On 20 February 2010, Cacau scored four goals in a 5–1 victory in an away game against 1. FC Köln.[8] On 30 April Cacau scored his final goal of the season in a 2–1 win away at TSG Hoffenheim. This brought his tally to eight Bundesliga goals on the campaign. Following this on 1 May 2010, Cacau extended his contract with VfB Stuttgart until the summer of 2013.[9]

Cacau started the 2011–12 Bundesliga campaign in good form, scoring on a header against Schalke 04 on 6 August helping his side to a 3–0 win.[10] He was called up to the German squad for their game against his native Brazil the following Wednesday.[11]

On 22 March 2013, Cacau took a contract option which extended his contract with Stuttgart until June 2014.[12]

Career statistics[edit]

As of 10 May 2014
Club performance League Cup Continental Total
Season Club League Apps Goals Apps Goals Apps Goals Apps Goals
Germany League DFB-Pokal Europe Total
2000–01 Türk Gücü München Landesliga 31 7 0 0 0 0 31 7
2001–02 1. FC Nürnberg Bundesliga 17 6 0 0 0 0 17 6
2002–03 27 2 2 0 0 0 29 2
2003–04 VfB Stuttgart 16 4 3 1 4 0 23 5
2004–05 32 12 3 2 8 7 43 21
2005–06 20 4 1 1 5 0 26 5
2006–07 32 13 6 5 0 0 38 18
2007–08 25 9 1 0 5 1 31 10
2008–09 25 7 1 1 6 0 32 8
2009–10 25 13 2 2 6 1 33 16
2010–11 27 8 2 2 7 1 36 11
2011–12 33 8 3 3 0 0 36 11
2012–13 5 1 2 0 4 0 11 1
2013–14 21 1 2 0 4 0 27 1
Career total 338 93 28 17 49 10 415 120

International career[edit]

Although Cacau was born in Brazil, he was never called up by the Brazilian national team.

In February 2009, he became eligible to play for Germany after he acquired a German passport[13] having lived and played in Germany for over 8 years.[14]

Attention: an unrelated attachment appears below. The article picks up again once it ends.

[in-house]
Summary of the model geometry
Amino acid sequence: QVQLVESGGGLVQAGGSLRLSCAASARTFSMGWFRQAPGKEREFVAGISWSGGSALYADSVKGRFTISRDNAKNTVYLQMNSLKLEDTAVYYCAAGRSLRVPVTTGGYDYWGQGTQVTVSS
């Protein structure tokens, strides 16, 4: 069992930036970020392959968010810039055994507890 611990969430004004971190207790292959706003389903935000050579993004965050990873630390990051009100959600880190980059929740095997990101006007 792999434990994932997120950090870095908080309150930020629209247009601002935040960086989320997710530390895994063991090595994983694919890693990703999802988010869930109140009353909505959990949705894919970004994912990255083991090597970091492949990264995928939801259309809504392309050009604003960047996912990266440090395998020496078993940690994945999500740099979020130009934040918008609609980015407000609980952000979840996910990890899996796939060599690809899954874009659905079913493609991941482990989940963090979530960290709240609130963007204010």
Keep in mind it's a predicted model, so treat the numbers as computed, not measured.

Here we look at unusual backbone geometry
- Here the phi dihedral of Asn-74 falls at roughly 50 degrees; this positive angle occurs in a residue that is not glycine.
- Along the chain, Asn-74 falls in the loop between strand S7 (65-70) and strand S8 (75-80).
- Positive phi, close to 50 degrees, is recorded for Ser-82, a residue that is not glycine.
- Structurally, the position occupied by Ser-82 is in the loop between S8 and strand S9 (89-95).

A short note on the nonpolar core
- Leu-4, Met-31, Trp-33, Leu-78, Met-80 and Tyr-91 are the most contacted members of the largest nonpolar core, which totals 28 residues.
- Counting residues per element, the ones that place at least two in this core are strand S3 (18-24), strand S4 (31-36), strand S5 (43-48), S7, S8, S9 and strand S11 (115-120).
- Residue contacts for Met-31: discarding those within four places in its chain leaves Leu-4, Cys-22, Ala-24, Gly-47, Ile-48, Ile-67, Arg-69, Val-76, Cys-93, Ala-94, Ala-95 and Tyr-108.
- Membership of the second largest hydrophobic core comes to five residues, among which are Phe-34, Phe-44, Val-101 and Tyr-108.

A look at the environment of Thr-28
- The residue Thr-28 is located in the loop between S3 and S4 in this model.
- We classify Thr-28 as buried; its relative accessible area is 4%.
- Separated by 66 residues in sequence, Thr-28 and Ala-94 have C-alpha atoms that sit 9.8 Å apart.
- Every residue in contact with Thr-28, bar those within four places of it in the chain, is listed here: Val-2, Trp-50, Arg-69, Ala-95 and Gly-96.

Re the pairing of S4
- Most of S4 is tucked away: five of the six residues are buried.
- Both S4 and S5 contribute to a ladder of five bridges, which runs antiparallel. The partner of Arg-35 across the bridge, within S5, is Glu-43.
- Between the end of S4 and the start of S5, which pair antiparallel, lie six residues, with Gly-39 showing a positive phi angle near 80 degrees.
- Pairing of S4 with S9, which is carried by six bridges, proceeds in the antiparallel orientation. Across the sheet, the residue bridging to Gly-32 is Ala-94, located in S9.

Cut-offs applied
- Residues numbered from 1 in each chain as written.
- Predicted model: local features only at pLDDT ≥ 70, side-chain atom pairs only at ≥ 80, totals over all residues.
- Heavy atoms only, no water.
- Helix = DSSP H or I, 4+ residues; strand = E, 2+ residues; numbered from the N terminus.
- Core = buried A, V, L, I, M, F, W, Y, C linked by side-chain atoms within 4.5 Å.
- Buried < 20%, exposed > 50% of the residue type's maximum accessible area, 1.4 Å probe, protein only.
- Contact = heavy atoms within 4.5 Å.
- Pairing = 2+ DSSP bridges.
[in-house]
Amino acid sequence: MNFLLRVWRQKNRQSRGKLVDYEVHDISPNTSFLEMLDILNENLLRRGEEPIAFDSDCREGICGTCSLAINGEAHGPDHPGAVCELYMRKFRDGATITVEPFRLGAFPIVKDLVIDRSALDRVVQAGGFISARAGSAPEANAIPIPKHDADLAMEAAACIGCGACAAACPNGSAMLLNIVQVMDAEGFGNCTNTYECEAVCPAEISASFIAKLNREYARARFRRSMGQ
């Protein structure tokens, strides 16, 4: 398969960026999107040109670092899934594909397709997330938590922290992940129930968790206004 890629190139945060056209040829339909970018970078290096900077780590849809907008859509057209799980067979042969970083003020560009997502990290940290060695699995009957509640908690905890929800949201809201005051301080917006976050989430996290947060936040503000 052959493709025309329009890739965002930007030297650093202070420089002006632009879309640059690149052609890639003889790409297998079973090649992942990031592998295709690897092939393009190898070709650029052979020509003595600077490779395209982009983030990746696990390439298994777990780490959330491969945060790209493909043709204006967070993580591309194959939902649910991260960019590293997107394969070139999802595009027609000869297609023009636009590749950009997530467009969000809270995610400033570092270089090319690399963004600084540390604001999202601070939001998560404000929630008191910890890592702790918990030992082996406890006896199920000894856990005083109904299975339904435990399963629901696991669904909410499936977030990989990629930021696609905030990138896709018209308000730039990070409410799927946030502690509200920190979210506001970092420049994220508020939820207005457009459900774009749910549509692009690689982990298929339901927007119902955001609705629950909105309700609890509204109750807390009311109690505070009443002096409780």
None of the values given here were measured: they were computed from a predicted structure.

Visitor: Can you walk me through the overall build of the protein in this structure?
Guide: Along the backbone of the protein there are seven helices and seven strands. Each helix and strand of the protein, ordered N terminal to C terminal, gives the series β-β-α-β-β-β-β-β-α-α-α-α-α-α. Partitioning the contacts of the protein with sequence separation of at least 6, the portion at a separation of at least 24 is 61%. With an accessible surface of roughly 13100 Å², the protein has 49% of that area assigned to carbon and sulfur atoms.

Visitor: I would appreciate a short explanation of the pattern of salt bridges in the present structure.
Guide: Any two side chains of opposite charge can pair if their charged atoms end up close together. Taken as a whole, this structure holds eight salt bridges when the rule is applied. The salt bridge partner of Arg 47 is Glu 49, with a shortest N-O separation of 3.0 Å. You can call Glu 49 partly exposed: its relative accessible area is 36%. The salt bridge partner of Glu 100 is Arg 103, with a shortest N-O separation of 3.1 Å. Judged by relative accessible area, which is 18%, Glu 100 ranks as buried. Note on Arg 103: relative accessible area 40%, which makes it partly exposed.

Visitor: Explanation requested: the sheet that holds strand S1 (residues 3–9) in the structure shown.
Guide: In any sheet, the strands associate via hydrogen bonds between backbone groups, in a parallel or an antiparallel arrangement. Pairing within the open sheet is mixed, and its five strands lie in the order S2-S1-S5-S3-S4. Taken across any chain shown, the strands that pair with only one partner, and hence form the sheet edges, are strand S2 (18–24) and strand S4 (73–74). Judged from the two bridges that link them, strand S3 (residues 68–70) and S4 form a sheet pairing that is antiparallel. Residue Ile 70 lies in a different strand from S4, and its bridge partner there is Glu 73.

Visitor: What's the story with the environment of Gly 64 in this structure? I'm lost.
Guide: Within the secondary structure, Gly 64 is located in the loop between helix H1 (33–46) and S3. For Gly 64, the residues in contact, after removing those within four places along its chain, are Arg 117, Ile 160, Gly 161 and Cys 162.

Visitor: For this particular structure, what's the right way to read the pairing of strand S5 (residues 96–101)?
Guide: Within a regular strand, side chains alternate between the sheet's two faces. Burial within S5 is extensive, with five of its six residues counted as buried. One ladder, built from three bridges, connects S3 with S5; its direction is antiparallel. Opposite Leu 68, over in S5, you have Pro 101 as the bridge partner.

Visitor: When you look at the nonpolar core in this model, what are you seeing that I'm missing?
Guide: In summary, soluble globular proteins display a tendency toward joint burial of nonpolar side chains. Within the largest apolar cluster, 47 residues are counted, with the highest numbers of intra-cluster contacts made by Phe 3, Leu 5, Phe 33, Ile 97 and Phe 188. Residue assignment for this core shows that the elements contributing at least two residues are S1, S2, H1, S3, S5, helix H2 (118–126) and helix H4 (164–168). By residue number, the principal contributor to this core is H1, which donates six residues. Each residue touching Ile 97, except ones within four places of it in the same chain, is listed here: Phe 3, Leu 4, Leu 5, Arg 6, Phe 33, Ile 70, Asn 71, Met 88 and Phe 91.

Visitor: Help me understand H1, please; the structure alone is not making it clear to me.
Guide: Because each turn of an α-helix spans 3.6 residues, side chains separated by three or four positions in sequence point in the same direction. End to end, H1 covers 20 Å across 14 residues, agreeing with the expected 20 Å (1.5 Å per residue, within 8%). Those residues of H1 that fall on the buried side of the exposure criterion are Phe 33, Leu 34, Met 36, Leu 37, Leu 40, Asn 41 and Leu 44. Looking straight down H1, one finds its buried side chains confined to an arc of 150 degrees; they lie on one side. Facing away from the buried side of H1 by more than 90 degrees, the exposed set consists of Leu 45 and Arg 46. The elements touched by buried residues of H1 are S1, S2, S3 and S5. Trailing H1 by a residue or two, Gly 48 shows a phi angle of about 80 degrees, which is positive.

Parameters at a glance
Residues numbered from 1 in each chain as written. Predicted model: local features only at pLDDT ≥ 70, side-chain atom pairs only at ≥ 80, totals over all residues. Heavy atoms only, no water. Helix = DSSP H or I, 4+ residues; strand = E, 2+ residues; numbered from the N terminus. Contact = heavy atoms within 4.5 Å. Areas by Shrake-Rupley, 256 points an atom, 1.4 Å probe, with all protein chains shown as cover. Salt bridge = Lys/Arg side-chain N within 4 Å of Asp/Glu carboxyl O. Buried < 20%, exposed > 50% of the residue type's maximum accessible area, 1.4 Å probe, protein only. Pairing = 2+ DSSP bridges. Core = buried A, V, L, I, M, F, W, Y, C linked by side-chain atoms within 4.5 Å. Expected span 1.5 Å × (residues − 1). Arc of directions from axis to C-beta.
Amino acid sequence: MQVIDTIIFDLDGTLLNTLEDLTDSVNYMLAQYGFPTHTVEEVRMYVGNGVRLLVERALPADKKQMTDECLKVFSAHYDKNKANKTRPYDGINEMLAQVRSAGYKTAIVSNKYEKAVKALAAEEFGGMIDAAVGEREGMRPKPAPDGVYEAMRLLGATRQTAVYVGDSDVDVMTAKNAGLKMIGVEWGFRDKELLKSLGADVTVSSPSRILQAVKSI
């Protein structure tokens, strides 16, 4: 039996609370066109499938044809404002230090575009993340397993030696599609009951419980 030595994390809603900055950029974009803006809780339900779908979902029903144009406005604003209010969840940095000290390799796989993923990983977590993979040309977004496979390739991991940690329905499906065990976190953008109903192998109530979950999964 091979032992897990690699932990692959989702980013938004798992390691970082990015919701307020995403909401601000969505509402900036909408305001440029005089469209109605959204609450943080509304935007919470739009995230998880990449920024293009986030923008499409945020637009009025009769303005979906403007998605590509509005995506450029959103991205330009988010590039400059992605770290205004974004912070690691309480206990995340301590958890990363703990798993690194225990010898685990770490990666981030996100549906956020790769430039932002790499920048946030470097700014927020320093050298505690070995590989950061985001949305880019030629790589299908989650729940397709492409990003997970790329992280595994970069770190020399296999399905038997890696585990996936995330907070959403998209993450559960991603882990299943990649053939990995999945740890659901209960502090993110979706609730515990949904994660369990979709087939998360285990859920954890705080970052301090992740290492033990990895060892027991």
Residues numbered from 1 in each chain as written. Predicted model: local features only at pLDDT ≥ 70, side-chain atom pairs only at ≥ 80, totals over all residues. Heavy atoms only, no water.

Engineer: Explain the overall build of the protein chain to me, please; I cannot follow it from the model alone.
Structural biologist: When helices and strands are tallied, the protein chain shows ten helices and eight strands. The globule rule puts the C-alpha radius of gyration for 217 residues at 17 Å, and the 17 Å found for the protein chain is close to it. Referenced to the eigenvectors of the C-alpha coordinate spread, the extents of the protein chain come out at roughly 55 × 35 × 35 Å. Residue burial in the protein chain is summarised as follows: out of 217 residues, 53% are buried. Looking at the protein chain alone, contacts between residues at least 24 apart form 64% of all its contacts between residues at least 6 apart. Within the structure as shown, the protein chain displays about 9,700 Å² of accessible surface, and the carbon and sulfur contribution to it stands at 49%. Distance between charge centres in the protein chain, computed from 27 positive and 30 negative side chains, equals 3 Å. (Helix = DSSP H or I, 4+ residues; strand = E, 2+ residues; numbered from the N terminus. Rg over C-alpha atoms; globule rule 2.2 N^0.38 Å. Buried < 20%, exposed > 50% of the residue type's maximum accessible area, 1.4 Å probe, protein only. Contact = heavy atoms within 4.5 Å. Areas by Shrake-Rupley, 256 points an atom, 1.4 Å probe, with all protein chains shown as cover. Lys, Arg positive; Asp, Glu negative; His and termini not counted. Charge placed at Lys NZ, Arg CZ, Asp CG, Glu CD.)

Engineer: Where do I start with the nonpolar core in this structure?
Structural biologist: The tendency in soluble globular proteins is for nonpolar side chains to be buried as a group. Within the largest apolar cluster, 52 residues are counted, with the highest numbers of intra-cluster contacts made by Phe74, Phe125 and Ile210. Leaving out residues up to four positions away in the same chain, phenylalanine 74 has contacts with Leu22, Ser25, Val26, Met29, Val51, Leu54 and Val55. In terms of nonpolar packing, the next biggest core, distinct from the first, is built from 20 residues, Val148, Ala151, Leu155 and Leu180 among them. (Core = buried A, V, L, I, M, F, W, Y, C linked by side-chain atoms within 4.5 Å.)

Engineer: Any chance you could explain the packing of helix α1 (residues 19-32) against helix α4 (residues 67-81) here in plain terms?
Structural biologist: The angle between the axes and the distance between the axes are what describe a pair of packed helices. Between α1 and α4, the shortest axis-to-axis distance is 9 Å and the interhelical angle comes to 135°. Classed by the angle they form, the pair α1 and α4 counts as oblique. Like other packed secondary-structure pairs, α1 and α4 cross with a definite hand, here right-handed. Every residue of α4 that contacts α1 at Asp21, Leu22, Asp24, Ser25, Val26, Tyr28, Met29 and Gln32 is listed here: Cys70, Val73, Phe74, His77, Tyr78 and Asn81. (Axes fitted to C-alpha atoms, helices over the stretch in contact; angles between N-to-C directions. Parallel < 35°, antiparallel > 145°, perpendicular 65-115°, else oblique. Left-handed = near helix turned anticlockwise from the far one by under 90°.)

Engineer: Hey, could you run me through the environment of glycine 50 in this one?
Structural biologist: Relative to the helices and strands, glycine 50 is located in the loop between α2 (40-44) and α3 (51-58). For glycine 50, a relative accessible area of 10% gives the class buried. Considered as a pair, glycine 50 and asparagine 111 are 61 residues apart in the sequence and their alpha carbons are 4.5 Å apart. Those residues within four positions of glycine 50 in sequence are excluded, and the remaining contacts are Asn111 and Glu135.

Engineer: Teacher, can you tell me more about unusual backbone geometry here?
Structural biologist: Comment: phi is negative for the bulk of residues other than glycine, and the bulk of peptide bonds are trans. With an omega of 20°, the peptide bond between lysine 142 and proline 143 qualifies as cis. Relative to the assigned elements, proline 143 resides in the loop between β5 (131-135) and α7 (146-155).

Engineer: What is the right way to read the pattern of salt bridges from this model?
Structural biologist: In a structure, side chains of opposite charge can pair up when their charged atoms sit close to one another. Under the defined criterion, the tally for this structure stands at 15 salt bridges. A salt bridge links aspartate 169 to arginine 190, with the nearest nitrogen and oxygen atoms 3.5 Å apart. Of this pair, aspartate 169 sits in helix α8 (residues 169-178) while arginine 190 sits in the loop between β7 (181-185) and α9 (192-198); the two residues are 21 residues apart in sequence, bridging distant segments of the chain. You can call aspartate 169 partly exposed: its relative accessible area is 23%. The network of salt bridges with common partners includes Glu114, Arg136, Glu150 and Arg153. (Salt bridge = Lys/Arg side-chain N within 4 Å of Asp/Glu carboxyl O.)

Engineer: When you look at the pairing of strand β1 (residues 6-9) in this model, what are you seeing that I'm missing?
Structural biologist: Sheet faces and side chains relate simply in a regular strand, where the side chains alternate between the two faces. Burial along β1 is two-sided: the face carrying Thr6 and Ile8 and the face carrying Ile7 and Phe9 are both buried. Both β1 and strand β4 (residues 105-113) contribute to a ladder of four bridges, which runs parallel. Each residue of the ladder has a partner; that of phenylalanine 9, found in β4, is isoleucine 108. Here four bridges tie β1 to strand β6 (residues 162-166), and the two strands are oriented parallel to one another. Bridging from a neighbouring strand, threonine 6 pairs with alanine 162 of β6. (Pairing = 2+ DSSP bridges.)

On 19 May 2009, Cacau was called up by the German national team's coach Joachim Löw for their friendly matches against China and the United Arab Emirates.[15] He made his international debut on 29 May 2009 in Germany's 1–1 draw against China, playing 27 minutes as a substitute for Mario Gomez.[16] He also appeared in Germany's 7–2 win against the United Arab Emirates four days later, playing the entire second half as a substitute for Lukas Podolski and providing an assist for Mario Gomez's third and Germany's fifth goal of the match just over a minute into the second half.[17] He opened his account with the German national team, scoring a brace in a 3–0 win over Malta on 13 May 2010. He scored his first International Goal for Germany in the group stage of the 2010 FIFA World Cup on 13 June 2010, coming on as a substitute against Australia, and scoring in 1-minute 52 seconds to make it 4–0.[18] He later received a yellow card for diving in the match.[19][20][21] After Miroslav Klose had been sent off against Serbia, he played against Ghana but couldn't score in the 1–0 win. In the third place World Cup game, Germany faced Uruguay on 10 July 2010. Cacau started for his German side, but was eventually subbed out. Germany defeated Uruguay 3–2, taking third place at the 2010 South African World Cup.

Cacau remained regular for Germany in the qualifications for UEFA Euro 2012 in Poland and Ukraine. However, Cacau didn't make the cut for Germany's 2012 UEFA Euro squad, even though he was in the 30-men preliminary squad. Cacau wasn't selected for Germany's 2014 FIFA World Cup winning squad.

International goals[edit]

# Date Venue Opponent Score Result Competition
1. 13 May 2010 New Tivoli, Aachen, Germany  Malta 1–0 3–0 Friendly
2. 13 May 2010 New Tivoli, Aachen, Germany  Malta 2–0 3–0 Friendly
3. 29 May 2010 Stadium Puskás Ferenc, Budapest, Hungary  Hungary 3–0 3–0 Friendly